The resected lesions included a branch IPMN in 2 patients, a mucinous cyst, a lymphoid cyst, five neuroendocrine tumors, and a clear cell adenoma (Table 1). The mean operative time was 73.5 ± 10 minutes, and the estimated blood loss was 164 ± 89 ml. There were no mortalities in the study. The postoperative length of stay (LOS) was 5.9 ± 9.5 days (range 4 to 30); however, this was skewed by one patient with COPD, who had pneumonia postoperatively and was hospitalized for 30 days. The LOS for the other patients in the study was 4.8 ± 0.75 days. Other postoperative complications included a superficial wound infection in 2 patients, and a wound seroma in one patient. These three patients were also obese.
Central pancreatectomy has a unique application in certain patients with focal, chronic pancreatitis and trauma. It is utilized mostly for benign and low-grade malignant lesions in the neck of the pancreas [5, 9–12]. The potential benefit of CP is to preserve pancreatic function and the spleen by limiting resection of normal parenchyma . Diabetes mellitus (DM) occurs in 20% of patients following distal pancreatectomy [13–15]. Endocrine insufficiency is more frequent in patients with chronic pancreatitis and approaches 50% within 5 years after distal pancreatectomy (DP). Endocrine and exocrine insufficiency depends on residual function of the pancreas and the severity of pancreatitis . The long-term risk of DM after pancreatic resection is greater after distal resection of the pancreas rather than after CP (11%, vs 50%) , particularly in an already diseased gland. The benefits of CP are obvious regarding pancreatic and splenic function [3, 6, 17]. Preservation of splenic function in the pediatric population may be important. Most CPs have utilized a pancreatico-jejunal or pancreatico-gastric anastomosis to the distal pancreas. The incidence of postoperative fistula in patients with a CP anastomosis ranges from 8% to 40% with a re-operative rate as high as 12% [2, 9, 18–20]. The incidence of a pancreatic leak after CP and pancreatic anastomosis is summarized in Table 2.
We suspect the relative frequency of a pancreatic fistula after CP is due to a small pancreatic duct and a normal soft distal gland. These two factors (a small duct and soft parenchyma) account for a higher fistula rate after pancreatico-duodenal resection (PDR). This is our reasoning for omitting a pancreatico-enteric anastomosis during CP. In our experience, the distal pancreatic tissue is usually normal and the duct is small in diameter. The indications for CP in chronic pancreatitis are few since focal pancreatitis confined to the neck of gland is unusual. CP may be technically more difficult because of chronic inflammation in these patients . Furthermore, in patients with a pancreaticogastrostomy, fistula rates aside, exocrine function may not be preserved. Pancreatic enzymes, particularly lipase, are inactivated in an acidic environment [21–23]. Our series of 10 patients supports the value of resection without anastomosis in a short follow up period. To date, none of the patients in the study have developed any endocrine or exocrine deficiencies. So far, the morbidity of a pancreatic leak is removed while exocrine function is preserved in the head and neck and endocrine function remains in both segments of pancreas when using central pancreatectomy without an anastomosis.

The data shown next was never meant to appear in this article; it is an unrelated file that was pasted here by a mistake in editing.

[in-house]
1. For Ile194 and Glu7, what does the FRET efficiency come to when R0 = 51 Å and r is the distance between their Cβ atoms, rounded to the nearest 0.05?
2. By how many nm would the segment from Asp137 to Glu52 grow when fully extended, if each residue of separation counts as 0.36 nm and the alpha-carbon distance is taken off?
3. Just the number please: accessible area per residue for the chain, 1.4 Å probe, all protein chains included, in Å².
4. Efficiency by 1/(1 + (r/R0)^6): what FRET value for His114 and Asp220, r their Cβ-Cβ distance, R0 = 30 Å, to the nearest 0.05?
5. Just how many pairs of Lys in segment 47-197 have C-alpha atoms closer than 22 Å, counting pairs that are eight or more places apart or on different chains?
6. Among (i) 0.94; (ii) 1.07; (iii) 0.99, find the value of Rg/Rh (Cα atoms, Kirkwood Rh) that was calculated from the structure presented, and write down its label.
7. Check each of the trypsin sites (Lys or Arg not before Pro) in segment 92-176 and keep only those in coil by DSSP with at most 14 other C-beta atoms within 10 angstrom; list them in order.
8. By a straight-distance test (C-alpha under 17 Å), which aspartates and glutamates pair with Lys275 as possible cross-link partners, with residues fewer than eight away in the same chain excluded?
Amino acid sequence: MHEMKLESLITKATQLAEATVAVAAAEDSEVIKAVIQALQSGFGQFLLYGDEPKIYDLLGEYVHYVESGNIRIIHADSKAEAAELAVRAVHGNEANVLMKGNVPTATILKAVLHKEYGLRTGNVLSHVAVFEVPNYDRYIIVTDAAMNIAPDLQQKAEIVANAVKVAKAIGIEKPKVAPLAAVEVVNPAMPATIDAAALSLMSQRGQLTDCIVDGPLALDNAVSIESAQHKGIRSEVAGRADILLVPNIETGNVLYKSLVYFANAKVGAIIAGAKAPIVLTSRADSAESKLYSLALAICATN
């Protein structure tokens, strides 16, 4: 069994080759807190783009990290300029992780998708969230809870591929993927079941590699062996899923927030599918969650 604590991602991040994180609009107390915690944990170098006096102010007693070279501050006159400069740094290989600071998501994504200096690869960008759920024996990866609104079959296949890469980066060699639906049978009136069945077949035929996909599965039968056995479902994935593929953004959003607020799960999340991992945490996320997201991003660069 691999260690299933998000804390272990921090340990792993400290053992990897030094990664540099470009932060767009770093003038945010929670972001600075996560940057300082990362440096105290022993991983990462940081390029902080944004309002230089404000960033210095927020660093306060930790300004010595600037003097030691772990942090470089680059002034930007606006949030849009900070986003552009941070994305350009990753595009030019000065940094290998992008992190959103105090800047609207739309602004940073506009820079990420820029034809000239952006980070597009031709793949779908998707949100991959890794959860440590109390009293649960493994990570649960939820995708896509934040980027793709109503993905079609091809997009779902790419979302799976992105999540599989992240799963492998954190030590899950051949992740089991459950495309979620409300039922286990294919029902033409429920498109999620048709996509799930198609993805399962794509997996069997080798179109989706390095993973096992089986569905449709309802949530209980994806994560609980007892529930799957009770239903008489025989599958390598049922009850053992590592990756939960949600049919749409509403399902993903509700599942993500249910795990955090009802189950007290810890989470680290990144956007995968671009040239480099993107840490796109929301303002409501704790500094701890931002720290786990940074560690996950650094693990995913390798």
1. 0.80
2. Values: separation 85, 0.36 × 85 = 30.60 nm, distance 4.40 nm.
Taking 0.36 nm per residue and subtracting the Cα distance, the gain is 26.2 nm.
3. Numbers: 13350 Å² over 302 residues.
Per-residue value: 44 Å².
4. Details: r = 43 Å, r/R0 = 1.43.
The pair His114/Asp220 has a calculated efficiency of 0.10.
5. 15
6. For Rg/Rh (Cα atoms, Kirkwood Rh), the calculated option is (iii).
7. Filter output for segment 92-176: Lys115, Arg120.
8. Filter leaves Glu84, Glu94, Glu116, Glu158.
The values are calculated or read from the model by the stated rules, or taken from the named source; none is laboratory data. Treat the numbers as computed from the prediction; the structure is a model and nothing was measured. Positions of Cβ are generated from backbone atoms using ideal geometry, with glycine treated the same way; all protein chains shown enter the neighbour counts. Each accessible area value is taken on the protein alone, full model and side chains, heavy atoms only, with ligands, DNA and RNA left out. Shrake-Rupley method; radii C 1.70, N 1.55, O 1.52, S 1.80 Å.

CP without an anastomosis may reduce the morbidity and length of hospital stay compared to patients undergoing CP with an anastomosis. It has been shown to be a safe, effective procedure which does not compromise pancreatic function.
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The authors declare that they have no competing interests.
MW was the lead author and surgeon for all of the patients. SNM gathered information and contributed to writing of the paper. FK and WB were the GI doctors who contributed patients and information on the patients. AVC reviewed paper and technique of surgery. AC was the co-surgeon on the cases. AP contributed to the literature review.
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Wayne, M., Neragi-Miandoab, S., Kasmin, F. et al. Central pancreatectomy without anastomosis. World J Surg Onc 7, 67 (2009). https://doi.org/10.1186/1477-7819-7-67